The Death Cafe


I counted thirteen participants, a disquieting number for a meeting about death. 

There were three men besides me, none of them beyond their fifties, I guessed. Of the women, the oldest claimed to be ninety-four and quoted literature when she spoke. Three of the other women walked with the help of canes. Another used a wheelchair.

Make no mistake, these are renegades. Not physically, perhaps, but certainly in mind and spirit. Because they gather regularly to do something few among us are willing or able to—discuss death casually and over snacks.

Some were there as a way to mourn departed spouses, parents or children. Others to discuss mortality in order to gain insights into their own approaching death—an event none of us will evade.

It’s called the Death Café.

Morbid, you say? I thought so when I was invited to attend a gathering last week in Provincetown’s community center, where the Café was conducted much like a pop-up restaurant.

But morbid was not the vibe. If anything, there was a lot of laughter.

The sense in the room was one of courage, of breaking taboos, of shared acceptance that a life can shimmer like a star and steal away quick as a snowflake.

As Lemony Snicket wrote in The Austere Academy, “Everybody will die, but very few people want to be reminded of that fact.”

This doesn’t apply to the people I met a week ago.

The concept of the Death Café was inspired by Swiss sociologist and anthropologist Bernard Crettaz in 2004. There are now numerous versions of his original model, held around the world. The aim is to increase the awareness and acceptance of death as a way to help people make the most of their earthly life.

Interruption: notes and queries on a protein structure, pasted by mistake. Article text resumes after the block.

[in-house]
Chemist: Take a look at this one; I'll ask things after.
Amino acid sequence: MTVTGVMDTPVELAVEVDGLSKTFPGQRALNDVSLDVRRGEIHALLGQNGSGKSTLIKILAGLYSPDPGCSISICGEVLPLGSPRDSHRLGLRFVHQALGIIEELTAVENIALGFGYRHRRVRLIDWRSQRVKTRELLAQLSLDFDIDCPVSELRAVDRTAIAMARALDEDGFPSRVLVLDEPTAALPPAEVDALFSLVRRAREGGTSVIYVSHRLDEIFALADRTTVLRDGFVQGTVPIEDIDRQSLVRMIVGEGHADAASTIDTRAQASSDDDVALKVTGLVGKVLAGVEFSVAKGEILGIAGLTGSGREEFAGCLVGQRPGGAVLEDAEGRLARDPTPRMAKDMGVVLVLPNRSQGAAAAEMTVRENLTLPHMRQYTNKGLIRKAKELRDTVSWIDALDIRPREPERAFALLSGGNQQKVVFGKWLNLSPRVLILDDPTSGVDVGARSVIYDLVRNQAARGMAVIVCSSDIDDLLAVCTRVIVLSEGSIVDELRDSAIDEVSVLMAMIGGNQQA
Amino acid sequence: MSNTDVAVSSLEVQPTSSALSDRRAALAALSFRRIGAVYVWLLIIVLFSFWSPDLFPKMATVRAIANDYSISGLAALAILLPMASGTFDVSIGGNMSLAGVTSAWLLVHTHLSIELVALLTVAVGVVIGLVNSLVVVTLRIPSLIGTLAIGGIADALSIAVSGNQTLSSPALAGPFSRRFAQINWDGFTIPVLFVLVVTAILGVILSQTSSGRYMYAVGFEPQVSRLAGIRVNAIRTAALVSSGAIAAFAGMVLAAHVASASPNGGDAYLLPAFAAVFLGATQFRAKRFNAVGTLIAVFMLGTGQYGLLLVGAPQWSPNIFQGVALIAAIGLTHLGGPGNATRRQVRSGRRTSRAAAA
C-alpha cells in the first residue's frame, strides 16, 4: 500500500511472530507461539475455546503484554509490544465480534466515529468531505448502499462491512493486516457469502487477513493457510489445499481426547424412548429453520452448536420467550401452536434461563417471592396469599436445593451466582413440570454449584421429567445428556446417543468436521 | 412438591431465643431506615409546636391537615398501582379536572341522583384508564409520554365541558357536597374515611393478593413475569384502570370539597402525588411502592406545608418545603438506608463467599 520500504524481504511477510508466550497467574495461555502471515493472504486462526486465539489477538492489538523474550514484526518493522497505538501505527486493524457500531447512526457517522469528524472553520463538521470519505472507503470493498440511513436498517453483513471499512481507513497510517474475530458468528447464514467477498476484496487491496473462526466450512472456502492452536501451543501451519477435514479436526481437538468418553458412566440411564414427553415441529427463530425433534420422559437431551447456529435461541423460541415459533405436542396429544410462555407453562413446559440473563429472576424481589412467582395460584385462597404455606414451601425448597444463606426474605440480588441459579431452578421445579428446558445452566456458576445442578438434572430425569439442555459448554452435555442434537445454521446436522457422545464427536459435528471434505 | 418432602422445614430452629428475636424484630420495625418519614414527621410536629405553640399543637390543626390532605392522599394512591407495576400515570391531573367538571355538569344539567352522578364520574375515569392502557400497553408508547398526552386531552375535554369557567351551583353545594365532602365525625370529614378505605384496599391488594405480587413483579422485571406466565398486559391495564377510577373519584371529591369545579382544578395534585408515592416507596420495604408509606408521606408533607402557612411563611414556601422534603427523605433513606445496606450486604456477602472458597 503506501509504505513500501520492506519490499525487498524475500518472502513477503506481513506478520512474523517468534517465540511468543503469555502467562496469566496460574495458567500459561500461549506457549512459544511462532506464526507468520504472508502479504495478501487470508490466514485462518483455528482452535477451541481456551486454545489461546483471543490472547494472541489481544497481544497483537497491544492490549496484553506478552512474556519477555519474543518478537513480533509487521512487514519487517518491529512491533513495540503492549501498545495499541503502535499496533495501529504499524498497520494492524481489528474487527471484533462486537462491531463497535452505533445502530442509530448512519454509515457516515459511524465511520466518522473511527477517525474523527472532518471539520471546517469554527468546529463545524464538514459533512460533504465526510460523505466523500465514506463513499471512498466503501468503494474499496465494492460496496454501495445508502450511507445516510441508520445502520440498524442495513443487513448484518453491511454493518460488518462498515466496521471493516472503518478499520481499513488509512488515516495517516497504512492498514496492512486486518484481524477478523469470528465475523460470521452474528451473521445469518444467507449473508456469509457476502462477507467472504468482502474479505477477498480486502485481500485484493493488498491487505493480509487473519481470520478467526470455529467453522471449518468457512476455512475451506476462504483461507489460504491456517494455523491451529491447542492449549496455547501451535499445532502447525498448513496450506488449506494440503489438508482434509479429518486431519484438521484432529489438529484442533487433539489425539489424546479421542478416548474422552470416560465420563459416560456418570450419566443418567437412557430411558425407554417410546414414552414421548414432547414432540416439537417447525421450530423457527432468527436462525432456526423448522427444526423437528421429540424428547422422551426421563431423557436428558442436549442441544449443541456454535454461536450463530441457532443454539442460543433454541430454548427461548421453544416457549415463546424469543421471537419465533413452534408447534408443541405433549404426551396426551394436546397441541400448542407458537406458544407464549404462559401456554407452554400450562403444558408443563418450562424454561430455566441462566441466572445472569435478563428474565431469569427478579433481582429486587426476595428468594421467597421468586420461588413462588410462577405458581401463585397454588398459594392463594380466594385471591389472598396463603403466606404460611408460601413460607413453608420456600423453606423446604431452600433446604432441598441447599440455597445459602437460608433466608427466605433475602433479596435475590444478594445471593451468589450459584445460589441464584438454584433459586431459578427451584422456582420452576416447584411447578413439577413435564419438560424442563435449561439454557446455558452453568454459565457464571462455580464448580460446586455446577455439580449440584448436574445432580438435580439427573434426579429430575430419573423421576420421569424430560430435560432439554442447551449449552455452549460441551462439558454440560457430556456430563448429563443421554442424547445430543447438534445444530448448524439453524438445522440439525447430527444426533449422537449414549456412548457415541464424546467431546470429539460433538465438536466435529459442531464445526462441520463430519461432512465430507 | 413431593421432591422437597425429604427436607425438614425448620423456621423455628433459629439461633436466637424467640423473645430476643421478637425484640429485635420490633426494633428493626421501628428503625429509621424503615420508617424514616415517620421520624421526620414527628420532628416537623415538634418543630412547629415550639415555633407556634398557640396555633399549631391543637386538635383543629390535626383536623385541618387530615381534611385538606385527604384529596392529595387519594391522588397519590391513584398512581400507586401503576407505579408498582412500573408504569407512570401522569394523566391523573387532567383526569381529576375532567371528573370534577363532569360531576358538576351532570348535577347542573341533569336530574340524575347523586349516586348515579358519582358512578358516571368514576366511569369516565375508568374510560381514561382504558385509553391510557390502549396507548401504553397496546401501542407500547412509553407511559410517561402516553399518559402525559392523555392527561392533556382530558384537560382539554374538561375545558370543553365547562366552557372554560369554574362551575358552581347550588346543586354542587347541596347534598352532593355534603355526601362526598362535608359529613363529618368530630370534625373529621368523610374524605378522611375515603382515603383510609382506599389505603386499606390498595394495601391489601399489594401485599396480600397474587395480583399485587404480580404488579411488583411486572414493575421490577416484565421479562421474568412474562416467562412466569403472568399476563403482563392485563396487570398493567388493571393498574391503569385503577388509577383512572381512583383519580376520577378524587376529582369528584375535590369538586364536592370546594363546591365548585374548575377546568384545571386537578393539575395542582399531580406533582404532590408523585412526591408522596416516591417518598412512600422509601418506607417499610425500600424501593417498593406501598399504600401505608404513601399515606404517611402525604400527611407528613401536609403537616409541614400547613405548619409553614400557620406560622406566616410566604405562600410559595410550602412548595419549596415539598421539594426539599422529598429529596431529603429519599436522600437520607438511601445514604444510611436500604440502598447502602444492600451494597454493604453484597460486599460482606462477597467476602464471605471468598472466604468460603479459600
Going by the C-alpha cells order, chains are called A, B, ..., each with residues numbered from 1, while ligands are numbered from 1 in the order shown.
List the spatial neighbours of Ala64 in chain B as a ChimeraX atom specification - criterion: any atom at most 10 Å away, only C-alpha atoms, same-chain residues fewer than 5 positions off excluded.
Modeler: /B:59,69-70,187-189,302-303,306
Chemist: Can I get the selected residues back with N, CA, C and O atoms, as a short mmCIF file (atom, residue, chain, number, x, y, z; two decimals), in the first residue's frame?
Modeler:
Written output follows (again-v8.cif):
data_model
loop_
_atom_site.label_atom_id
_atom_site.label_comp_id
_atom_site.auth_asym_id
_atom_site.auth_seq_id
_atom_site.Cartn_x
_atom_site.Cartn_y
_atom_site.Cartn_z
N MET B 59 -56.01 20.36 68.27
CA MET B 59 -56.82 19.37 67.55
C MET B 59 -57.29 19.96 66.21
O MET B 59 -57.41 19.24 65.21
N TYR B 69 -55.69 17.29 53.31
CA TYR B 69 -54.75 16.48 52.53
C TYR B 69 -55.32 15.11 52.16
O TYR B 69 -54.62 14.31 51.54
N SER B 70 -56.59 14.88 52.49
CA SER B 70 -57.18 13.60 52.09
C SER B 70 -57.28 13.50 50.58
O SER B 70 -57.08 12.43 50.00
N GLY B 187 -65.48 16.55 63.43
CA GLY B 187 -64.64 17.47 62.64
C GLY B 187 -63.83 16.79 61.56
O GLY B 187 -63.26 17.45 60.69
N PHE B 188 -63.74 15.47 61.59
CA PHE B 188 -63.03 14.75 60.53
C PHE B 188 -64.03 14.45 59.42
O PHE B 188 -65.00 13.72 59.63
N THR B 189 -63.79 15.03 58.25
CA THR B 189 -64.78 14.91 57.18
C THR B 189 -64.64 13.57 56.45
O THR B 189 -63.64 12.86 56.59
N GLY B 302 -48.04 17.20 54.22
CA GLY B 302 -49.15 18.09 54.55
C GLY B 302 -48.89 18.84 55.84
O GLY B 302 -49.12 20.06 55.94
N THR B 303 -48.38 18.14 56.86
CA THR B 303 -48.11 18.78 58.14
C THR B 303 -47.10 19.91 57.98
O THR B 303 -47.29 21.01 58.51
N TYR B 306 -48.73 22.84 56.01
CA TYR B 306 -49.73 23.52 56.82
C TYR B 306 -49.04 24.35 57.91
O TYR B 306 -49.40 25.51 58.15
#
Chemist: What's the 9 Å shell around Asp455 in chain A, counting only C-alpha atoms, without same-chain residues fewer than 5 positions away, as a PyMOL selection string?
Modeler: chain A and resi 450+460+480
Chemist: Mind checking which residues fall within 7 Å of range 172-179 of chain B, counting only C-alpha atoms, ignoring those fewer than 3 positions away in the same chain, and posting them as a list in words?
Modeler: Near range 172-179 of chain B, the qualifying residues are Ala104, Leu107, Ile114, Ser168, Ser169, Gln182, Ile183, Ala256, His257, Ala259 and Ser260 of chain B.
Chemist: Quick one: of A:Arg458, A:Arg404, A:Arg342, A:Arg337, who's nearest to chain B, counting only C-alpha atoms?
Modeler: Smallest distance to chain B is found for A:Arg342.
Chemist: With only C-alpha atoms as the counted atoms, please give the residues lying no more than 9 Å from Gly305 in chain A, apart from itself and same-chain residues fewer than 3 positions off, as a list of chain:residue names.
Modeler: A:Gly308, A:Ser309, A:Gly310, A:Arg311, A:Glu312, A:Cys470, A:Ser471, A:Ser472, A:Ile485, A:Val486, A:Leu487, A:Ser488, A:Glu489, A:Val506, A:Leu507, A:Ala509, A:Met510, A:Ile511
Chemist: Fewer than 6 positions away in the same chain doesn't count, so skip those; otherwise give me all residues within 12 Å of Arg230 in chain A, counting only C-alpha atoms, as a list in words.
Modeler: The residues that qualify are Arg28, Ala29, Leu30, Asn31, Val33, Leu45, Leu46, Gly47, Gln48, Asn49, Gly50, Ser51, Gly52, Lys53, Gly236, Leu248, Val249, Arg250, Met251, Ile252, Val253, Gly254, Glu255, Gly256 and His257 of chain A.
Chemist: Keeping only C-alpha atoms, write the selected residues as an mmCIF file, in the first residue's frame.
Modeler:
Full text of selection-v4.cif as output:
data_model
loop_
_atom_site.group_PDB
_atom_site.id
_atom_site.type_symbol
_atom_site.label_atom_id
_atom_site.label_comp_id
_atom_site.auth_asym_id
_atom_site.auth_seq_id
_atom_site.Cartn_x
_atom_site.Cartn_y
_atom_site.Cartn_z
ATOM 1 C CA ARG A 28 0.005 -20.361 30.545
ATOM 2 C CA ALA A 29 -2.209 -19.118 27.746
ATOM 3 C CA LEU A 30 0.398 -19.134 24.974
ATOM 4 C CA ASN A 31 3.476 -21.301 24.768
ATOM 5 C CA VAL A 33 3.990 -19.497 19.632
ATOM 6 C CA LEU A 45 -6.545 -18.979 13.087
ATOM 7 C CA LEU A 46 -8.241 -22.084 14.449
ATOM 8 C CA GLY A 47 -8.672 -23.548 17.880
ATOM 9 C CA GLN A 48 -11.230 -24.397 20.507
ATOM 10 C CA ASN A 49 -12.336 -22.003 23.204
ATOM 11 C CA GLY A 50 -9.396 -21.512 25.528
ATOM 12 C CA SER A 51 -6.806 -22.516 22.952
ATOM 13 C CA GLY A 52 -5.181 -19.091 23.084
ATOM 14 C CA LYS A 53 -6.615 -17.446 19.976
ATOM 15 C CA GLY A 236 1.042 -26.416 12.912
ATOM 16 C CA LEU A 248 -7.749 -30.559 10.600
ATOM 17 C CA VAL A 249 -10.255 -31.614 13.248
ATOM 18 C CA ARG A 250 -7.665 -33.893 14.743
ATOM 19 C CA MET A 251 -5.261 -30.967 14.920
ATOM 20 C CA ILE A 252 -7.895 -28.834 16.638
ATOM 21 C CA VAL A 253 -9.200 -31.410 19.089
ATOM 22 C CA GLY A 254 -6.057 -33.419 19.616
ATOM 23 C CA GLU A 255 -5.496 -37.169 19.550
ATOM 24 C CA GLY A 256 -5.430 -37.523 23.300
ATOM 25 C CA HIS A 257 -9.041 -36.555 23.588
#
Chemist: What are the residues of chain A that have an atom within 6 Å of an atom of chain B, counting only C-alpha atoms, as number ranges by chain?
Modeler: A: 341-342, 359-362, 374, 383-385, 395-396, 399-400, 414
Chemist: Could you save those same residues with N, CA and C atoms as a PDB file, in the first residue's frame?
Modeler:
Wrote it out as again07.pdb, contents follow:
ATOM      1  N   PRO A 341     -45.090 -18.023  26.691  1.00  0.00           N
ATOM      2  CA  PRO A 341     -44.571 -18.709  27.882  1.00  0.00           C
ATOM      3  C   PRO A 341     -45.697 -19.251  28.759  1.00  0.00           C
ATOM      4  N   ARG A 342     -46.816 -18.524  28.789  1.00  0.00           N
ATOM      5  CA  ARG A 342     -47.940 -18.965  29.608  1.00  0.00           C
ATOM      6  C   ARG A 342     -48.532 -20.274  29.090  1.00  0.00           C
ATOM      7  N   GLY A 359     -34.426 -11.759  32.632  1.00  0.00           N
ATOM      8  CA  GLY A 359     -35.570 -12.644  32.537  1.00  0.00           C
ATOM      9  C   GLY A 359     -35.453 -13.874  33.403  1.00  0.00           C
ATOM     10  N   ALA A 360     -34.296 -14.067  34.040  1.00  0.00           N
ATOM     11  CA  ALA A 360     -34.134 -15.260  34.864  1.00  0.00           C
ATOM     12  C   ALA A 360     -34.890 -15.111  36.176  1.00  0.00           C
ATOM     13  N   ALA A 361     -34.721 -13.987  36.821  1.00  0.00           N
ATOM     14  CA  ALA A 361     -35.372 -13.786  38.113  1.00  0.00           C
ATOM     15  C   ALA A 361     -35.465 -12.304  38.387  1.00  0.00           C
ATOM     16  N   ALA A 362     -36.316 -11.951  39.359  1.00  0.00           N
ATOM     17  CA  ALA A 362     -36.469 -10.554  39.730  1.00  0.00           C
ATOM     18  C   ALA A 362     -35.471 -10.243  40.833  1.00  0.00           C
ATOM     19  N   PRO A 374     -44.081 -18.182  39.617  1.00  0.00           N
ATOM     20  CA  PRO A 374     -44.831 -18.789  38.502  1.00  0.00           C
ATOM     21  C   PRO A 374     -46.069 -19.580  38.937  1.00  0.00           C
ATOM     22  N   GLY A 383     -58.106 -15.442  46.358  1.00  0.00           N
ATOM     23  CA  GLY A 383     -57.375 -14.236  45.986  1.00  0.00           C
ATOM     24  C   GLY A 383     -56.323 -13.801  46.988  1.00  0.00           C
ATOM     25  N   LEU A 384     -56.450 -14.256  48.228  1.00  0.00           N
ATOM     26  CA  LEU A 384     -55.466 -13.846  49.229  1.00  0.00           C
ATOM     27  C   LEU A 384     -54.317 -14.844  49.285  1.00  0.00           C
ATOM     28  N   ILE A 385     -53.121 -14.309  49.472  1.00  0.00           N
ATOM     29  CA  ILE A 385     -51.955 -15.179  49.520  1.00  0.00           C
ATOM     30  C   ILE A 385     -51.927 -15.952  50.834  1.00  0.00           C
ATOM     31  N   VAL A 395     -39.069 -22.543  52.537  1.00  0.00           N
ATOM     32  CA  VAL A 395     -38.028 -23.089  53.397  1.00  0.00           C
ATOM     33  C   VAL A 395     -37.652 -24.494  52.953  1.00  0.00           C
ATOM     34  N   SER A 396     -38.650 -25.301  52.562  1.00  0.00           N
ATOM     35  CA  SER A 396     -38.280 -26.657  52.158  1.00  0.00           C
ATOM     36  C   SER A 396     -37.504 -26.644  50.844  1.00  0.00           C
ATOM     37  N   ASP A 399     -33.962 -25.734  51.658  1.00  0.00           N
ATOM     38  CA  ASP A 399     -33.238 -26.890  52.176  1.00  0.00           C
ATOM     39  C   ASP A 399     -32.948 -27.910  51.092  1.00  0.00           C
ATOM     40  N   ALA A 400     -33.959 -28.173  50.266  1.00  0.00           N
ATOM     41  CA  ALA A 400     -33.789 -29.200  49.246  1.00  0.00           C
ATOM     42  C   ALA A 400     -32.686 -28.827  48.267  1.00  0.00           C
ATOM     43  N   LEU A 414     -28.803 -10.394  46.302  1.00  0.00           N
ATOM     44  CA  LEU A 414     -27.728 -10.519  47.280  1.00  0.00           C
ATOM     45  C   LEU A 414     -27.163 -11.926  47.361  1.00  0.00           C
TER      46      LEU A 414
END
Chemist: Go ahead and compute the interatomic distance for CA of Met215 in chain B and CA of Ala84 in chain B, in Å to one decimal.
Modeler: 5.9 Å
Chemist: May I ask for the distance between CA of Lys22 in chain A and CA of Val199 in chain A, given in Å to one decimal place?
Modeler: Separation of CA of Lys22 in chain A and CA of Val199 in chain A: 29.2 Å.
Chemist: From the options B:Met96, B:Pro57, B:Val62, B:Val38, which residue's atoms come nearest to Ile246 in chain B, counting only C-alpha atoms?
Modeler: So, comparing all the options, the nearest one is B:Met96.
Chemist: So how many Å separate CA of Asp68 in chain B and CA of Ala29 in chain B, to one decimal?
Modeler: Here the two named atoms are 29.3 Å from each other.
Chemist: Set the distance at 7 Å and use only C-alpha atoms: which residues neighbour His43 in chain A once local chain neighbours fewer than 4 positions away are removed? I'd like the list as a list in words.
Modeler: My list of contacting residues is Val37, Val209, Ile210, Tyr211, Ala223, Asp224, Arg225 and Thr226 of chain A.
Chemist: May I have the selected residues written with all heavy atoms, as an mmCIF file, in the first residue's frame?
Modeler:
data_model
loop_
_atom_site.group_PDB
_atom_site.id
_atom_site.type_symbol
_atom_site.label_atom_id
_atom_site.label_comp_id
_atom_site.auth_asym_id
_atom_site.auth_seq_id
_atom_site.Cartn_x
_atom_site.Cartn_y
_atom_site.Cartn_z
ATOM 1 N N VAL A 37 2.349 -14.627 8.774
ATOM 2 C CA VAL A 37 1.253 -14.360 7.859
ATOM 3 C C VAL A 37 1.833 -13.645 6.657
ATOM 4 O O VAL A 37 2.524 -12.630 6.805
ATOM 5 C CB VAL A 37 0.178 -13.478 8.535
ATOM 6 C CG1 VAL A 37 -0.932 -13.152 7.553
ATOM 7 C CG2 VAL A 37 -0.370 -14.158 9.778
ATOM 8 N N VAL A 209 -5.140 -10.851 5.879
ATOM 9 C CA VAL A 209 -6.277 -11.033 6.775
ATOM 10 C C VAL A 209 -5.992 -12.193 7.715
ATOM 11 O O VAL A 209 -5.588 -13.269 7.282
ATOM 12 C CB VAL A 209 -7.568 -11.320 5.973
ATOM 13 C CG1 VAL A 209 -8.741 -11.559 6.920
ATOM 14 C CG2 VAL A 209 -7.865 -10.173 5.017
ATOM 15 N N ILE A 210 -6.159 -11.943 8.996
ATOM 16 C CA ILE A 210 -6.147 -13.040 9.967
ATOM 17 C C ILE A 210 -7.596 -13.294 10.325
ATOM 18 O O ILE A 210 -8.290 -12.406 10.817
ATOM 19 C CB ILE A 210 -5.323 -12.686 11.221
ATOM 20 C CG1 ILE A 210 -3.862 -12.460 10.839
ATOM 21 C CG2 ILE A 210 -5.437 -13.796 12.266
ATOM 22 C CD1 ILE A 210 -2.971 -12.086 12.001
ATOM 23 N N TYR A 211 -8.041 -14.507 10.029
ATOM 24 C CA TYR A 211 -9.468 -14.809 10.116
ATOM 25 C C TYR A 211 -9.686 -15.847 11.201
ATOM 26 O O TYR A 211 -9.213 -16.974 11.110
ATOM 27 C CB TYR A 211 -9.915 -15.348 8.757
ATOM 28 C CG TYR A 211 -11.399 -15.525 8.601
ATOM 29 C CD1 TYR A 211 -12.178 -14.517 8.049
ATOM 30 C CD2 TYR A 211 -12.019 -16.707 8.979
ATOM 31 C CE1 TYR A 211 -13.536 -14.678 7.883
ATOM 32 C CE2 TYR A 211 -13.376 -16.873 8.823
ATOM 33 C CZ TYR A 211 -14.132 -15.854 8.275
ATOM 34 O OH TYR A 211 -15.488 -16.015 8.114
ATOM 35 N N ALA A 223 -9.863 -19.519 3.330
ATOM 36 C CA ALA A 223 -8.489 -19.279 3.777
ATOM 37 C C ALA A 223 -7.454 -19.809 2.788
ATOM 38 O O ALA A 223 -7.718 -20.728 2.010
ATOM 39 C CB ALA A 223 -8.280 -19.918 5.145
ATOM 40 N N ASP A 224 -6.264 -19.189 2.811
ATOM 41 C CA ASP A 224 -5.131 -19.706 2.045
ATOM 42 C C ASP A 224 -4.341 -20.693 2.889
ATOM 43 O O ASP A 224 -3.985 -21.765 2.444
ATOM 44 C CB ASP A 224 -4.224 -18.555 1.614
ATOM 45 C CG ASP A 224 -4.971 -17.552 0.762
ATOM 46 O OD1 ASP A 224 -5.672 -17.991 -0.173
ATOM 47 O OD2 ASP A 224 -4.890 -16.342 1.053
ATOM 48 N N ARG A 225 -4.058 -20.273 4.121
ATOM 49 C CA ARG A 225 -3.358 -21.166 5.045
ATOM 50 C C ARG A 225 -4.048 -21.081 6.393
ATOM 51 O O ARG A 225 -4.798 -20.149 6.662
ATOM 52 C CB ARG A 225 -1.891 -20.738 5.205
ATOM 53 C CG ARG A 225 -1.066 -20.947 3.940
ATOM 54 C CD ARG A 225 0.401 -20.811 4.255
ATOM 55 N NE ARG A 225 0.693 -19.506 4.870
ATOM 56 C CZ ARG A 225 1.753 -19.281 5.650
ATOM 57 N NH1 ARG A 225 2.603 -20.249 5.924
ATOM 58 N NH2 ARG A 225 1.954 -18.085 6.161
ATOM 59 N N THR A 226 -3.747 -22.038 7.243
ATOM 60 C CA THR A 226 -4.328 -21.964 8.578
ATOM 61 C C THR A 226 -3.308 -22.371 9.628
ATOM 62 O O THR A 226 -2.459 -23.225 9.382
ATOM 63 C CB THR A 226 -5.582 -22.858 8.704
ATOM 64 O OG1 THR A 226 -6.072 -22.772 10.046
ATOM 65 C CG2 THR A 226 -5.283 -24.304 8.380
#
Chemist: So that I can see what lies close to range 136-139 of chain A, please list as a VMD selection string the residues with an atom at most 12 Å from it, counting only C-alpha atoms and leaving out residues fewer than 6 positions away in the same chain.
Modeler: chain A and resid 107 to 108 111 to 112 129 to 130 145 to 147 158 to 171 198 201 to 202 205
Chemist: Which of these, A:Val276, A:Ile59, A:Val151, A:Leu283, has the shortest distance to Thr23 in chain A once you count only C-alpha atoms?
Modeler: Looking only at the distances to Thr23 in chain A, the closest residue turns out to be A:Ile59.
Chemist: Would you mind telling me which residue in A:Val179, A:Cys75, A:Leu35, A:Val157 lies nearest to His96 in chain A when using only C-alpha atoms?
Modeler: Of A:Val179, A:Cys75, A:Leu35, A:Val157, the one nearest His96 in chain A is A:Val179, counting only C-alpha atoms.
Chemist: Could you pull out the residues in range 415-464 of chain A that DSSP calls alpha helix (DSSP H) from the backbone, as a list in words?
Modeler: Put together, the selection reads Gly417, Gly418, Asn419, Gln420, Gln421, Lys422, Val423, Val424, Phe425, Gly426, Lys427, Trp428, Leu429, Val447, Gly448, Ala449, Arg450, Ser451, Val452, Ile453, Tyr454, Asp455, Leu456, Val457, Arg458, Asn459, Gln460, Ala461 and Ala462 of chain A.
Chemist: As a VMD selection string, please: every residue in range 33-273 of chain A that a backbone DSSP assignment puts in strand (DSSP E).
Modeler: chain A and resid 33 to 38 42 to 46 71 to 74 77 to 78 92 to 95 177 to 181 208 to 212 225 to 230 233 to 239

The Death Café is not intended to change views about death. Most participants say it’s simply helpful to meet people with different viewpoints about an experience that’s universally shared.

Nor is the Death Café a therapy session. It is instead a way to learn more about a subject that by its nature is unknowable.

Author Robert Brault comes close to illustrating the idea:

Why be saddled with this thing called life expectancy? Of what relevance to an individual is such a statistic? Am I to concern myself with an allotment of days I never had and was never promised? Must I check off each day of my life as if I am subtracting from this imaginary hoard? No, on the contrary, I will add each day of my life to my treasure of days lived. And with each day, my treasure will grow, not diminish.

“We don’t have any answers around death and dying,” said Jon Underwood, who was one of the Death Café originators. “We all just come to this with our questions.” 

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